Reid, 33, works with individuals, small groups, teams and coaches. Some individuals are locals, but most are expats or others with North American connections. In normal times, he stages clinics and gives private lessons, while sometimes acting as a guest coach at tournaments or international competitions. Now, since the pandemic has limited activity, he does 30-minute online sessions. And though he lives in a rather small apartment, he has props that enable him to conduct baseball drills via video conference.
“I’ve found a way to make the limited space work. I use our kitchen wall as a ‘throwing partner’ for a lot of demonstrations. My wife loves that,” he said with a laugh.
To this point, he’s conducted more than 500 distance-learning sessions with players in six countries. Most sessions are with individuals, but he also works with teams and sometimes has as many as 45 people on video conferences. He connects every week with the Singapore Men’s National Team players and coaches.
“Interacting with people lately has been different,” he acknowledged, “but it works. Online sessions may become a bigger part of my interactions with players and coaches, even after the pandemic subsides.”
Just how he got to be working in baseball on the other side of the world from where he began is a story in itself.
His father Bill coached locally, so Owen was on the field from a very young age and, early on, was practicing on regulation-sized fields. He starred as a high-school pitcher and infielder in Moberly, MO, earning all-state, all-area and team MVP honors during his junior and senior seasons, while gaining membership in the National Honor Society. He also played on competitive youth teams that traveled throughout the Midwest.
“He’s got a great work ethic,” dad Bill said. “You never had to tell him to practice. I remember driving back home once after a doubleheader in which he didn’t hit well, and he asked if we could go into the batting cage and hit some. Our cage was actually on top of the clothing store we owned, and we got up there at 1030 on a school night and worked for 30-40 minutes.”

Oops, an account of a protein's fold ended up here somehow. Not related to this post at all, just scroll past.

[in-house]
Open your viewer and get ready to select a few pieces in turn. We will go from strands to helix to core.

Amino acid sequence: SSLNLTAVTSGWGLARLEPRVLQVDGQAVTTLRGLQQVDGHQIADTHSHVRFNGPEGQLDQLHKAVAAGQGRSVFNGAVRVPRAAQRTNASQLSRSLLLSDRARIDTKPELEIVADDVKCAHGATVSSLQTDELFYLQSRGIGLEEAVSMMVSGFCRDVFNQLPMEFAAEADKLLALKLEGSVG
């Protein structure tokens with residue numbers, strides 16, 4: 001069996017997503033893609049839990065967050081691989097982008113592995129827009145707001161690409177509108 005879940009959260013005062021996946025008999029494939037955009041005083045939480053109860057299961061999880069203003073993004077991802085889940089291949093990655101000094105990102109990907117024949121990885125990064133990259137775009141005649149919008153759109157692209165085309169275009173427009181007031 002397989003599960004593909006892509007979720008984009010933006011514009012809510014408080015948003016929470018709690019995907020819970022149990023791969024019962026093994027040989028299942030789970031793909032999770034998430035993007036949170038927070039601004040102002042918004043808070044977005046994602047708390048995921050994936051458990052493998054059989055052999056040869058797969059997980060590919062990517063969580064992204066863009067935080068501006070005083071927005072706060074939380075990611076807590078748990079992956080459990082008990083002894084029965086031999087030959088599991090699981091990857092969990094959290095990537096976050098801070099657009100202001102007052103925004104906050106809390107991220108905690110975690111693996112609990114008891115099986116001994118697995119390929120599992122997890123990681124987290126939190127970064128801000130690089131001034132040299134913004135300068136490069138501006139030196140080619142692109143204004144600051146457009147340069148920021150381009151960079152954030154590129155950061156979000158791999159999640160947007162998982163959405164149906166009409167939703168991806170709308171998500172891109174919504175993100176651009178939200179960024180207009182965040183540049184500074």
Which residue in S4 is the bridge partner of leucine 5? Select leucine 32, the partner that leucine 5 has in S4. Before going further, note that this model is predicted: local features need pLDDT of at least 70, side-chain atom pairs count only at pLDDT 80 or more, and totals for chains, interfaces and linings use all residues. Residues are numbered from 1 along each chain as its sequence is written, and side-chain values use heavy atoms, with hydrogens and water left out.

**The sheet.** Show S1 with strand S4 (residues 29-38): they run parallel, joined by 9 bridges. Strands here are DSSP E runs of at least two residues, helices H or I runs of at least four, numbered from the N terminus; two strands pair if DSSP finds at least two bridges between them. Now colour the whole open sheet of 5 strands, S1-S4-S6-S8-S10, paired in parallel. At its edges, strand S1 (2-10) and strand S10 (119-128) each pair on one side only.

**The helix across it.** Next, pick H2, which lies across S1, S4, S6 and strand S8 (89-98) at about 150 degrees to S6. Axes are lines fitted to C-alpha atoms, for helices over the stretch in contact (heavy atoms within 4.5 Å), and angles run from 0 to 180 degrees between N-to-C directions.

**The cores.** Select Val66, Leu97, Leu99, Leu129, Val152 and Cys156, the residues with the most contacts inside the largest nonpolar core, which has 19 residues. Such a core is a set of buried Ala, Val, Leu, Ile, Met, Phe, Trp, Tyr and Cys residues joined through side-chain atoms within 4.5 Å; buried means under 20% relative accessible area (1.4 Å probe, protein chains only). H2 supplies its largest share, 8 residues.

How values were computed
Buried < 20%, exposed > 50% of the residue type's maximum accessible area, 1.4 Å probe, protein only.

After high school came the stints at Baylor and Winthrop. Then the overseas odyssey began very shortly after graduation from Winthrop.
His father remembers that vividly.
“Owen’s team was playing a weekend series at Arizona State, and graduation was on the Friday,” Bill said. “So his mom and I watched Owen graduate, and then we flew to Arizona so he could play Saturday and Sunday. Then we went back for the Big South Conference Tournament in North Carolina the next week. Then we loaded up our Explorer with Owen’s stuff and drove back to Missouri, while he drove to Charlotte to catch a flight to Vienna. It was an emotional moment for all of us.”
The Vienna opportunity had come via a former Winthrop player and Austrian native, Christian Tomsich, who had stayed in touch with the team’s coach after graduating. The coach recommended Reid, and Tomsich was able to connect Reid with the team in Vienna, which had had several ex-Winthrop players previously.
Reid said, “I knew I wasn’t going to play professional baseball in North America,” he said. “But when I told my coach I was interested in playing internationally, he put me in touch with Christian, and things eventually worked out with the club in Vienna.
“Ironically, Christian still plays on the Austrian National Team,” Reid added. “I’m an assistant coach for that team, so we’re again connected.”
His team in Austria won the championship for the first time in 20 years, and playing that summer gave him the itch to keep playing overseas. “Chasing the sun,” as he put it, he got a job in New Zealand as a coach for the 2009-2010 season, went back to Austria for the 2010 season and then found his way to Australia for the 2010-2011 season.
“I thought that season would be it, but I ended up being in Australia for four. I worked in the front office for the Perth Heat and later became the player development manager for Baseball Western Australia. I was on the Heat coaching staff and oversaw strength and conditioning for the team and Baseball WA’s junior programs,” said Reid, who also met his wife, Hayley, there.